• Abstract: The article concludes that all proposals for funding climate action through entities created under the UNFCCC should be screened according to the gender policies and plans of the climate funds, including the GEF and the GCF, and the results should be available publicly to provide transparency and build trust and accountability. Broader inclusion of women in decision-making and the requirement of evidence of a gender perspective prior to approving financing for climate change projects will contribute to the normative element of sustainable development and its implementation. The intersection of gender justice and climate justice in reducing the dangerous effects of climate change means allocating adequate financial resources to women leaders and projects generated and administered by women at international, regional, national and local levels, for large and small projects and programs alike.
  • Topic: Climate Change, Gender Issues, Treaties and Agreements, Women, Inequality, Climate Finance, Justice
  • Political Geography: Global Focus
  • Author: Rafael Leal-Arcas
  • Publication Date: 09-2018
  • Content Type: Journal Article
  • Journal: The Whitehead Journal of Diplomacy and International Relations
  • Institution: School of Diplomacy and International Relations, Seton Hall University
  • Abstract: This article provides a timely and forward-thinking analysis regarding the transition to clean energy. It does so by offering a behavioral-economics analysis of prosumer-market factors. We argue that transitioning to clean energy cannot be achieved solely through top-down or bottom-up methods; rather, a symbiotic relationship between government or businesses creating opportunities and individual prosumers is key. The article puts an emphasis on the effectiveness of bottom-up factors like smart cities, NGOs, and ordinary citizens.
  • Topic: Climate Change, Energy Policy, NGOs, Renewable Energy
  • Political Geography: Global Focus
  • Author: Meagan Torello, Rafael Leal-Arcas, Caitlin Werrell, Francesco Femia, Carmel Davis, Ziad Al Achkar, Ang Zhao, Buddhika Jayamaha, Jahara "Franky" Matisek, William Reno, Molly Jahn, Therese Adam, Peter J. Schraeder, Juan Macias-Amoretti, Karim Bejjit
  • Publication Date: 09-2018
  • Content Type: Journal Article
  • Journal: The Whitehead Journal of Diplomacy and International Relations
  • Institution: School of Diplomacy and International Relations, Seton Hall University
  • Abstract: In the first issue of our 20th volume, the cooperative and conflictual nature of climate change in international relations is explored. Rafael Leal-Arcas analyzes the necessity of a symbiotic relationship between bottom-up and top-down negotiations to implement clean energy consumption. Following, Caitlin Werrell and Francesco Femia begin this issue's dialogue on climate change and security. Carmel Davis discusses the effects of climate change on Sub-Saharan Africa's ability to develop and subsequently mitigate conflict. Similarly, Ziad Al Achkar outlines the economic, environmental, and security threats in the Arctic as its ice continues to melt. Zhao Ang then discusses China's ability and incentives to pursuing a greener economy. Following, Buddikha Jayamaha, Jahara Matisek, William Reno, and Molly Jahn discuss the security and development of climate change implications in the Sahel region. The main portion of this issue proudly concludes with the Journal's interview with former Swiss Ambassador Therese Adam on climate change negotiations and the great potential for civil society engagement. Following the climate change portion of this issue, we feature a special sup-topic: Africa Rising. Here, Peter Schraeder discusses the effects of President Donald Trump's foreign policy in Africa. Juan Macías-Amoretti analyzes the role of Islam in Moroccan politics, while Karim Bejjit concludes with a discussion on Morocco's growing relationship with the AU.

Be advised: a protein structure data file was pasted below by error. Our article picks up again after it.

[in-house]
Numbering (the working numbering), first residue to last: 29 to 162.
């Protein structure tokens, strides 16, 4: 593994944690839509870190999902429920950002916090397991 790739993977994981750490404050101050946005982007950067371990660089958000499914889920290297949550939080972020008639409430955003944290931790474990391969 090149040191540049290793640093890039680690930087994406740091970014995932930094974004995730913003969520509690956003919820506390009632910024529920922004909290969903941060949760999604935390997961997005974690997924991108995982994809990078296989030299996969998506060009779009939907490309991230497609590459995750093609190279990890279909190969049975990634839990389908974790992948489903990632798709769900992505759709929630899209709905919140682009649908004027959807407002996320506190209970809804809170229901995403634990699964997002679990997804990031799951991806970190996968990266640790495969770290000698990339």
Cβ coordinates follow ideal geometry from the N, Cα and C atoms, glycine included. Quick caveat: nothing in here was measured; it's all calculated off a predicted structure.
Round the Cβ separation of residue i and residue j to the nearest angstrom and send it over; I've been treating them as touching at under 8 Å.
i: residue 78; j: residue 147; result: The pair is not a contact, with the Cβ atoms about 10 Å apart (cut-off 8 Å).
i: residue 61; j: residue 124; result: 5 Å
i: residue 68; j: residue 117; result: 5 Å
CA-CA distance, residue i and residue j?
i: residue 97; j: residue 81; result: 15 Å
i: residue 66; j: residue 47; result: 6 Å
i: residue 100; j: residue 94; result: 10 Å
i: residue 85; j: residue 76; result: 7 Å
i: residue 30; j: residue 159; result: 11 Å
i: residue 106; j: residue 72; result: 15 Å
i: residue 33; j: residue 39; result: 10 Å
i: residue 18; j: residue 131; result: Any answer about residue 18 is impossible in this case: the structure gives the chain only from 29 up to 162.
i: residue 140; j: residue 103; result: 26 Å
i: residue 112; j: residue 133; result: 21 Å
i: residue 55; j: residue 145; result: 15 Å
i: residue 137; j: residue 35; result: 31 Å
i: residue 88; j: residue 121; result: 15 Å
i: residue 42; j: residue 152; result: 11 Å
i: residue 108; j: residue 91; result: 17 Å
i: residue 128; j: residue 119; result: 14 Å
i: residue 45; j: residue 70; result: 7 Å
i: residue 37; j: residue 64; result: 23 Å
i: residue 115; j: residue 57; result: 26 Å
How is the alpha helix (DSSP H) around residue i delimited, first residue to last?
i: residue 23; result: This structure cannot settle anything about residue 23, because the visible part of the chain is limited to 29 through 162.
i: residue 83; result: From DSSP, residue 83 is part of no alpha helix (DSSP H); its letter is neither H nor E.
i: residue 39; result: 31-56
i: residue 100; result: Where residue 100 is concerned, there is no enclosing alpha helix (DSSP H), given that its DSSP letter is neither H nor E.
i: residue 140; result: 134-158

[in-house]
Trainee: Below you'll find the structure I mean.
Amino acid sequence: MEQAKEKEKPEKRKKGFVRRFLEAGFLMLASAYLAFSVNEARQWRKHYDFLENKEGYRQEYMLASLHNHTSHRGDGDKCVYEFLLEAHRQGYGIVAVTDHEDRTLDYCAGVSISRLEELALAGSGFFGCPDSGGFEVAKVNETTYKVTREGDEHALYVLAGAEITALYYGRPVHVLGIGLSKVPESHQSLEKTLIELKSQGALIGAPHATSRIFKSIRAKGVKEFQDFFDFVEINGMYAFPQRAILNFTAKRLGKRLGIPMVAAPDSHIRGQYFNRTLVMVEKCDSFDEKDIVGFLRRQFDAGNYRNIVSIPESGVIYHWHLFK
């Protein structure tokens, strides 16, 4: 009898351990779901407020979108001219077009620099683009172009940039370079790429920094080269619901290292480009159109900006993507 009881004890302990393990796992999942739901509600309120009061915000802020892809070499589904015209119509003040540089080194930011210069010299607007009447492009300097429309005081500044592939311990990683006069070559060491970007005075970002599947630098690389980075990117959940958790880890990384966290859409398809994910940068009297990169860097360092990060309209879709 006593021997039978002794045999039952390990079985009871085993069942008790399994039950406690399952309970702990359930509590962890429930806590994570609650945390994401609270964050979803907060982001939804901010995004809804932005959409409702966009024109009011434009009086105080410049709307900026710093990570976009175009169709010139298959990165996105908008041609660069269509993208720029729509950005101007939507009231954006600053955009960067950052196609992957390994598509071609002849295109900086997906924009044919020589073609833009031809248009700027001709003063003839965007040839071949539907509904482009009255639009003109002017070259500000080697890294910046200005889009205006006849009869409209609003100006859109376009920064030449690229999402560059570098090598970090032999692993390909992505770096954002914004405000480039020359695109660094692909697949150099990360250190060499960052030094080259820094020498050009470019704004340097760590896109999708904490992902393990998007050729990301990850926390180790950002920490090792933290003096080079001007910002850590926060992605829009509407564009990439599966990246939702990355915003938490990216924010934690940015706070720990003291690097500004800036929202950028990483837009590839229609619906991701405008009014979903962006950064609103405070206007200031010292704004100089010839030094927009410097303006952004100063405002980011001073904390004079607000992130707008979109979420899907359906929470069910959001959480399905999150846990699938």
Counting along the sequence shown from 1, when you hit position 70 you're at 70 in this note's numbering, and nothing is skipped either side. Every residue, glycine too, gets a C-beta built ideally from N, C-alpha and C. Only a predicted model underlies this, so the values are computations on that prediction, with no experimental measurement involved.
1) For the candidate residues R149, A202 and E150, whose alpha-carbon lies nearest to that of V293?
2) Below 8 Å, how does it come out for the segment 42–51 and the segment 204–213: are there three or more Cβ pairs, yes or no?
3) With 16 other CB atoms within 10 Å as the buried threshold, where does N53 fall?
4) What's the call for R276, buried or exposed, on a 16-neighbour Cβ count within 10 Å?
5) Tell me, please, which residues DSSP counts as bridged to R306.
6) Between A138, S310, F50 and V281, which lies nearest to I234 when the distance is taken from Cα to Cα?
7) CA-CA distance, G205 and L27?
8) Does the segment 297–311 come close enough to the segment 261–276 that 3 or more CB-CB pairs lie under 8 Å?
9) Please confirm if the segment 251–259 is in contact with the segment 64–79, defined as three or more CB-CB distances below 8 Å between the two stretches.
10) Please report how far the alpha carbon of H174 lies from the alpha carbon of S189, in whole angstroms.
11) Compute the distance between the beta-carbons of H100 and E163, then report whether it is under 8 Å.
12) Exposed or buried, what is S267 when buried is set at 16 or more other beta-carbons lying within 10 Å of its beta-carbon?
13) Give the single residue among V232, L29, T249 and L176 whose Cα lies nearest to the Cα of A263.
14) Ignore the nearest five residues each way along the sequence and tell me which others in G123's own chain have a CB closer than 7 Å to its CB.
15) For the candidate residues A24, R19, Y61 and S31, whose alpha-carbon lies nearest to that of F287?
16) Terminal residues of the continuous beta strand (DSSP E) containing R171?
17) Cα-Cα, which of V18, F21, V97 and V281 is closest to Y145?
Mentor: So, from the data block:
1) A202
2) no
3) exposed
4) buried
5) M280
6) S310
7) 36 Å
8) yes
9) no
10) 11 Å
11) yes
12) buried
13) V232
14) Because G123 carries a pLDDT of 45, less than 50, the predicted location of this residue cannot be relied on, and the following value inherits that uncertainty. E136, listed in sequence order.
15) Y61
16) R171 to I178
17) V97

• Topic: Security, Climate Change, Diplomacy, Environment, Islam, Regional Cooperation, Conflict, Donald Trump
  • Political Geography: Africa, China, Europe, Asia, North Africa, Switzerland, Morocco, Sahel, Global Focus
  • Author: Therese Adam, Meagan Torello
  • Publication Date: 09-2018
  • Content Type: Journal Article
  • Journal: The Whitehead Journal of Diplomacy and International Relations
  • Institution: School of Diplomacy and International Relations, Seton Hall University
  • Abstract: A conversation with former Swiss ambassador Therese Adam.
  • Topic: Climate Change, Diplomacy, Gender Issues, Inequality, Economy
  • Political Geography: Europe, Switzerland, Global Focus
  • Author: Caitlin Werrell, Francesco Femia
  • Publication Date: 09-2018
  • Content Type: Journal Article
  • Journal: The Whitehead Journal of Diplomacy and International Relations
  • Institution: School of Diplomacy and International Relations, Seton Hall University
  • Abstract: The end of the Cold War coincided with the beginning of global awareness about the risks of climate change. This paper analyzes a thirty-year period beginning with the establishment of the Intergovernmental Panel on Climate Change (IPCC) in 1988 and the fall of the Berlin Wall in 1989, and ending in the present year of 2018. This period is characterized by unprecedented social, political, economic and climatic shifts, as well as first-time technological change-including improvements in our ability to predict future changes in the climate and their implications for international security.1 Importantly, while some of these changes have caught the international security community off-guard, we have seen the climate risks coming for many decades. The combination of unprecedented risks and foresight underscore a “Responsibility to Prepare.” This involves taking all possible steps to avoid an unmanageable climate, and climate-proofing of our security institutions at national, regional and international levels.
  • Topic: Security, Climate Change, Cold War, Science and Technology, International Security
  • Political Geography: Global Focus